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The coastal areas of South Carolina are experiencing intense development pressures. The effect of this development on coastal water resources is the increase of nonpoint source pollutant loadings to receiving waters. The water quality condition of coastal water resources of South Carolina ranges from “outstanding resource waters,” or ORWs, to those approved for shellfishing, to South Carolina Department of Health and Environmental Control (SCDHEC) 303(d) listed impaired waters. Each water quality classification contains certain numerical standards for certain parameters as defined by SCDHEC.

The regulation of stormwater quality management for new developments in South Carolina is based primarily on the traditional approach of retention/detention of a specified treatment volume within best management practices. This approach presumes that treatment of the appropriate runoff volume will result in discharges that will meet state water quality goals. Coastal counties in southern South Carolina have experienced rapid growth with a large number of planned developments either recently constructed or planned for construction in the near future. During this time, a number of shellfish areas have been closed permanently, or on a conditional basis, due to exceedences of the water quality standard for shellfish waters (14 FC/100ml for fecal coliform). These bed closings may be an indicator that the traditional treatment volume approach may not provide treatment sufficient to prevent degradation of receiving water quality. These shellfish bed closings resulted in heightened citizen awareness of water quality issues and demands for increased protection of the area's waters. In addition, those waters that have been placed on the SCDHEC 303(d) list as impaired shall not be further degraded. Proposed developments that will discharge to receiving waters on the 303(d) list are now required by SCDHEC to demonstrate that discharges from their site will not degrade receiving water quality, and in fact, must meet numerical limits for parameters that resulted in the listing of the receiving water receiving state water quality certification. Existing retention/ detention criteria and methodologies were not adequate to provided this demonstration. An SCDHEC-approved methodology for demonstrating compliance with numerical discharge limits did not exist.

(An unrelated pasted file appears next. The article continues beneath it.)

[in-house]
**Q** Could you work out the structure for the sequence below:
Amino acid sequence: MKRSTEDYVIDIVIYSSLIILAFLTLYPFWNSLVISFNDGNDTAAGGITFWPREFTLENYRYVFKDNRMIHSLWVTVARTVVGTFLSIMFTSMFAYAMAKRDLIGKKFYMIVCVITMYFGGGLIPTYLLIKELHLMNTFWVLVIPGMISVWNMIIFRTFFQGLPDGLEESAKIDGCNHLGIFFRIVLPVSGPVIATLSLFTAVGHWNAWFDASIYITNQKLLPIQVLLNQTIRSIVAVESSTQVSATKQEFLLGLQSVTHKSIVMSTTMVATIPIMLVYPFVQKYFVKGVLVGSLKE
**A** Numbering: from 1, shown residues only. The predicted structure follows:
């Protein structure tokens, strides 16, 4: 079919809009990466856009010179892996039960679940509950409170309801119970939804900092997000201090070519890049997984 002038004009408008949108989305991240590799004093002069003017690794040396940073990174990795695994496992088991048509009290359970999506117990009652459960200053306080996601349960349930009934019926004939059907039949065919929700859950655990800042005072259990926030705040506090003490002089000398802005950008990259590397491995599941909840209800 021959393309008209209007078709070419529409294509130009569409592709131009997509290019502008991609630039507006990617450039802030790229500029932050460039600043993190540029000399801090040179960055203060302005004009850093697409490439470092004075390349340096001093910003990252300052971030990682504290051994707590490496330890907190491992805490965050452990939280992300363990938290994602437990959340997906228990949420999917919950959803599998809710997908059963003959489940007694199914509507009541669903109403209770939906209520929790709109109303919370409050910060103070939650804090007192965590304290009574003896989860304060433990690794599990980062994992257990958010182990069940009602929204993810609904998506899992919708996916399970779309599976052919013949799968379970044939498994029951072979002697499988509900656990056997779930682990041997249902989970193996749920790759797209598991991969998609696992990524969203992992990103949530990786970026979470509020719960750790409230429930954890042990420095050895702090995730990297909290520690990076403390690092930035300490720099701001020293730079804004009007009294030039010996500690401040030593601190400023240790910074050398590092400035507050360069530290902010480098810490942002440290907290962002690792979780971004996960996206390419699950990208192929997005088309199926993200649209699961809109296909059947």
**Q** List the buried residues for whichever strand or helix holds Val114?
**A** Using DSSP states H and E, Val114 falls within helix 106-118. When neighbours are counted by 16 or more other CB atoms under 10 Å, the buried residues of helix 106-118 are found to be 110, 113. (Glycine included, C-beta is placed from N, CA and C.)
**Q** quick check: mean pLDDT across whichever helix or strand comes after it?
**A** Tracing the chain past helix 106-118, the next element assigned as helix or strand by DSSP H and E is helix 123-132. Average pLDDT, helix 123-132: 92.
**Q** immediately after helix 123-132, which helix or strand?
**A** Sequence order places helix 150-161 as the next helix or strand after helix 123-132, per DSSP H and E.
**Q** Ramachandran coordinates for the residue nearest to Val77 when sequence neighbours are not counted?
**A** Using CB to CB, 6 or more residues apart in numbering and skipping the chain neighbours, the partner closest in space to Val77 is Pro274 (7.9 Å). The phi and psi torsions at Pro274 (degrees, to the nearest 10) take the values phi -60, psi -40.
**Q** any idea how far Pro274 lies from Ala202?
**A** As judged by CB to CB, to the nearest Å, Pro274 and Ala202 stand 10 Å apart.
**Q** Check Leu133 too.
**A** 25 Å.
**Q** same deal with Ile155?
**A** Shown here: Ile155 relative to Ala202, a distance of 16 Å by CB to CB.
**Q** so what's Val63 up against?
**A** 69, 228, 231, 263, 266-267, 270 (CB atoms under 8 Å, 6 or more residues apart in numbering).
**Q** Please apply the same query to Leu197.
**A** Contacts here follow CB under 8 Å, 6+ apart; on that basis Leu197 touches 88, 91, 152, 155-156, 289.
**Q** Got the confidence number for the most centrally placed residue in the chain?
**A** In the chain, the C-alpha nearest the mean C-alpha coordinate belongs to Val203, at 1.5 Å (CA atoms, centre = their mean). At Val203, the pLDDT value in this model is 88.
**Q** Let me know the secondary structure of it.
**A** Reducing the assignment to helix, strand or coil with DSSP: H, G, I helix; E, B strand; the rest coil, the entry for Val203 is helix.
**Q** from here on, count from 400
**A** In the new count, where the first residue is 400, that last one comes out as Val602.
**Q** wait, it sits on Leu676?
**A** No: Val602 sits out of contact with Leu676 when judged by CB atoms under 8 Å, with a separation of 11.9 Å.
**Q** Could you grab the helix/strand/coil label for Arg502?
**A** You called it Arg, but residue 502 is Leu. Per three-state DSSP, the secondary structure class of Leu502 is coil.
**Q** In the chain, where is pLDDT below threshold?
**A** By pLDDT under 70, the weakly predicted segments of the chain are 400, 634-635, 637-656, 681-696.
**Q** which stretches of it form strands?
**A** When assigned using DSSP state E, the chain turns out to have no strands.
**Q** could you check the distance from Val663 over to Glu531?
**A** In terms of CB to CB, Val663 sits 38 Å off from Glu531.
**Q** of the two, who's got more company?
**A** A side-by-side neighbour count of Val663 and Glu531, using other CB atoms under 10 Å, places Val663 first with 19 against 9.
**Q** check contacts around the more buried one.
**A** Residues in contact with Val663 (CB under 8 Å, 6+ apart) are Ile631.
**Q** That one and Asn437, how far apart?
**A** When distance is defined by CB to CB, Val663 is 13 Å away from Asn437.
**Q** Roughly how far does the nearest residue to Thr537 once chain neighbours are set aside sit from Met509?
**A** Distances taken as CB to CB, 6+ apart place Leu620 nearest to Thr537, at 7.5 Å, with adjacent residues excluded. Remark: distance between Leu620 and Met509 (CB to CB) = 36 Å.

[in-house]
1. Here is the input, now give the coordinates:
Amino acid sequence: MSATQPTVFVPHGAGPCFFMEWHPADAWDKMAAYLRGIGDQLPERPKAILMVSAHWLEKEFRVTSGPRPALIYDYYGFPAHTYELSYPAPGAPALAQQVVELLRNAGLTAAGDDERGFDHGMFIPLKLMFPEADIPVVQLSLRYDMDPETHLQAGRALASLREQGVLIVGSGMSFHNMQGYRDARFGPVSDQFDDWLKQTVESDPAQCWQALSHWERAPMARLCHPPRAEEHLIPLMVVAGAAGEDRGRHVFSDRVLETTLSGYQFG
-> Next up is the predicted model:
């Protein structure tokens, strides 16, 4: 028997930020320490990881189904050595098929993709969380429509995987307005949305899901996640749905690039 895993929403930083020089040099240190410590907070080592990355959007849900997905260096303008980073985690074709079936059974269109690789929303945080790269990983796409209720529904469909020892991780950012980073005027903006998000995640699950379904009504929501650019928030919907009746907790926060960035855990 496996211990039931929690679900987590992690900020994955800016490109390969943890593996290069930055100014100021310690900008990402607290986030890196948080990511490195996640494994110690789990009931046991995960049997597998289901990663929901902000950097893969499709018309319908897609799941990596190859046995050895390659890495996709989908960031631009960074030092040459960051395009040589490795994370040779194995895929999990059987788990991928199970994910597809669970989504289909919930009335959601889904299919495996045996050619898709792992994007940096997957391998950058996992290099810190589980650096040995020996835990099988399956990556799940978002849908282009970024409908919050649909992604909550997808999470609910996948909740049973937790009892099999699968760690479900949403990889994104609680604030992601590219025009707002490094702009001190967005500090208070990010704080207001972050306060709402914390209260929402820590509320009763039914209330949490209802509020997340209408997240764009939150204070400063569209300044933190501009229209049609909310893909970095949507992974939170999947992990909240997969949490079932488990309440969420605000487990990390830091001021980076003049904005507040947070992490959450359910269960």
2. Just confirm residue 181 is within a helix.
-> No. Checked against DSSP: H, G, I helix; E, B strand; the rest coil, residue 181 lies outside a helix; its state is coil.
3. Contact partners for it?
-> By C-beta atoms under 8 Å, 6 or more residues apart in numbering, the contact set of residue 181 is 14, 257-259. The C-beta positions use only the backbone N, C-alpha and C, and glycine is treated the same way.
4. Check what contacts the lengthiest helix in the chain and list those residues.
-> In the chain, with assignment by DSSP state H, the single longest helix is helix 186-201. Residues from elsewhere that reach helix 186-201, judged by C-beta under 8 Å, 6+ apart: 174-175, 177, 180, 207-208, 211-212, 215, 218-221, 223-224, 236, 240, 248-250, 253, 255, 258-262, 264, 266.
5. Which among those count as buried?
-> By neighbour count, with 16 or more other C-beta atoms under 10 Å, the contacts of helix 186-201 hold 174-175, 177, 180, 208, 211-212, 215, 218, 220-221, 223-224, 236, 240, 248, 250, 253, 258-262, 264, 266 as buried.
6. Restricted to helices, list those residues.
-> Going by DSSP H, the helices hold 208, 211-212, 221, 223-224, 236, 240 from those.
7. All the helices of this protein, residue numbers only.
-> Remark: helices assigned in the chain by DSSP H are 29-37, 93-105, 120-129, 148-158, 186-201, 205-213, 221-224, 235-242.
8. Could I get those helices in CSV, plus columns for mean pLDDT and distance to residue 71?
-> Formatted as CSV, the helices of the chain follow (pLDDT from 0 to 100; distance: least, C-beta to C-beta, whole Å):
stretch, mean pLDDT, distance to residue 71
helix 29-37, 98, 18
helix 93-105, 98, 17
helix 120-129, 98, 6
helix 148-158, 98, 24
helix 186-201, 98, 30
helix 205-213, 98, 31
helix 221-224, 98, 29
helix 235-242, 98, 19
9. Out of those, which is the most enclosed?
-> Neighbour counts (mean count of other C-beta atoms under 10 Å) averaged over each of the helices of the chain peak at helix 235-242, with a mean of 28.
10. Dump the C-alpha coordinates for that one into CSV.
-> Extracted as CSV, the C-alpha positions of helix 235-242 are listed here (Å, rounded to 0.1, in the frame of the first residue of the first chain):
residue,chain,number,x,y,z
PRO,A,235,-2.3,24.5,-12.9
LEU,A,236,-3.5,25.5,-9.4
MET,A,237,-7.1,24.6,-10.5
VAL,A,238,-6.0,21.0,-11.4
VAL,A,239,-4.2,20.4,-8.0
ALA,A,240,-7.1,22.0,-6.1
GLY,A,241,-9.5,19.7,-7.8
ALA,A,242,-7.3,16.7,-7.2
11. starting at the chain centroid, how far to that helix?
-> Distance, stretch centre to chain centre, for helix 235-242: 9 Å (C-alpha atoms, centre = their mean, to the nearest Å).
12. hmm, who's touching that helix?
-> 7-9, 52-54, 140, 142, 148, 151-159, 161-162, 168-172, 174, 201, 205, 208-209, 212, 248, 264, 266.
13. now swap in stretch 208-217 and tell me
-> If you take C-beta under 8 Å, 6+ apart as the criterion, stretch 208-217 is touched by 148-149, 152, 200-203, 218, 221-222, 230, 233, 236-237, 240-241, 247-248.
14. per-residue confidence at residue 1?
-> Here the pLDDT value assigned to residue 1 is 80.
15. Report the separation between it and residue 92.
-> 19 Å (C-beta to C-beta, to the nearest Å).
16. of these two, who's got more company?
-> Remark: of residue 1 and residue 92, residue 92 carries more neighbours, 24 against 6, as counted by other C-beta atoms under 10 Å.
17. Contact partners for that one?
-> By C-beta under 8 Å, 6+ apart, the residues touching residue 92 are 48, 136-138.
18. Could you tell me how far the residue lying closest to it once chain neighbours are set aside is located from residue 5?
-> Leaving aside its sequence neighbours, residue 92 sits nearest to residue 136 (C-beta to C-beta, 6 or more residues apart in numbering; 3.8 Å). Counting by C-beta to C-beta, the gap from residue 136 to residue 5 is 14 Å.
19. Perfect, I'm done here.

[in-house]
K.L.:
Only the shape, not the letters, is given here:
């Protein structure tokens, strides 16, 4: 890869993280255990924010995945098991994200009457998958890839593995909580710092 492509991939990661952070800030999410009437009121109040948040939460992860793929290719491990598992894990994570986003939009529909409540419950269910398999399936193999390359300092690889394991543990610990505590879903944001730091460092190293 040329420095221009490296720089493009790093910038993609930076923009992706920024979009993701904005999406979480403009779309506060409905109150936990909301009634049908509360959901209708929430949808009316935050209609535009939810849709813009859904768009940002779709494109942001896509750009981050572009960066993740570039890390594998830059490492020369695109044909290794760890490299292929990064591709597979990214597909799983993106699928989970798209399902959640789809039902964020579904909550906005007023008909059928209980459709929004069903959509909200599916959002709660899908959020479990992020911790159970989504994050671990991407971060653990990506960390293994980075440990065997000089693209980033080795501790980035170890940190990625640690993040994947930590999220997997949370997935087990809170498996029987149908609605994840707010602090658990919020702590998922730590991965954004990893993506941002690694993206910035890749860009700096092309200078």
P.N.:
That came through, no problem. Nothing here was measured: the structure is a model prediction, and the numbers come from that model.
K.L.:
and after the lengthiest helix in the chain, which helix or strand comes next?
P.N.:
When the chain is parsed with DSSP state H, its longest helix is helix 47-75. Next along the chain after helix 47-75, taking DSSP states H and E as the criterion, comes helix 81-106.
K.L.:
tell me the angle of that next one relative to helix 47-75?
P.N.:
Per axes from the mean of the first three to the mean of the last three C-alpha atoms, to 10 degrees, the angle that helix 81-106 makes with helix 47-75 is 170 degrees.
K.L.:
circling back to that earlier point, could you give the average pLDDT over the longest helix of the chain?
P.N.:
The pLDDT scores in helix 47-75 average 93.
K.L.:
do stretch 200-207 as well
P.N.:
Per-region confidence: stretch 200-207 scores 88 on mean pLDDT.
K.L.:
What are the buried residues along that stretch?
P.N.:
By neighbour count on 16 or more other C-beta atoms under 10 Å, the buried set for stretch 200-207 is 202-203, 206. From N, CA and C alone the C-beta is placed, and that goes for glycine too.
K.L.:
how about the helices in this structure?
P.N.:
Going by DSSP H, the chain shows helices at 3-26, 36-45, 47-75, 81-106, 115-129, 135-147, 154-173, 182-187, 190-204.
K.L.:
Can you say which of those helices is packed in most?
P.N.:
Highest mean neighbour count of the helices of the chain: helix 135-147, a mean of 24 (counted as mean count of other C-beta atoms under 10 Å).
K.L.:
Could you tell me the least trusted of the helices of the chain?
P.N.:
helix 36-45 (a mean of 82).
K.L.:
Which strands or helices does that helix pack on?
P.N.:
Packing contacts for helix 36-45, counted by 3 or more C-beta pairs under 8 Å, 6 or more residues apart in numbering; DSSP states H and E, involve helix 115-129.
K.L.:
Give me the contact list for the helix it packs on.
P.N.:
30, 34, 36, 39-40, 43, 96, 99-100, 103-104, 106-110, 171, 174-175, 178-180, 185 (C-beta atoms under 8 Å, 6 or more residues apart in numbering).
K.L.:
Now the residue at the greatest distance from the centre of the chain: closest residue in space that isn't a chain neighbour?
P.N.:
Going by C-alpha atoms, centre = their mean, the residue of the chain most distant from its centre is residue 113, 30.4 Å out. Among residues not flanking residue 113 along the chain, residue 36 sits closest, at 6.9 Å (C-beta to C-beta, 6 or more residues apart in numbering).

A methodology for computing nonpoint source pollutant loadings, required treatment efficiencies to meet numerical discharge limits, and required BMP implementation to achieve treatment efficiency goals was applied to 3 proposed multi-use developments (2 are currently under development). Two of these projects were located in the Myrtle Beach area and involved over 2500 acres of potential development. The other project was in Beaufort County and involved over 350 acres currently under development. The methodology, which was incorporated into a spreadsheet model, utilized event mean concentration data developed from literature values and NPDES MS4 sampling data to estimate pollutant loads from stormwater runoff for the proposed developments. Project BMP requirements were developed based on the required pollutant load reduction to meet the concentration limits for the receiving waters using literature values for pollutant removal efficiencies. BMP implementation plans for specific land use types and stormwater quality management guidelines for use by individual developers within the projects were developed. One of the developments evaluated using the described methodology was the first major development in South Carolina to undergo this type of demonstration of the pre-and post-development nonpoint source pollutant loadings to a SCDHEC 303(d) listed waterway. Early water quality monitoring results from one project are inconclusive that discharges from the stormwater management system are meeting numeric concentration goals.

This paper and presentation will review the development of this program and how it set the standard for stormwater management planning in South Carolina.
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Document Type: Research Article

Publication date: 2002-01-01

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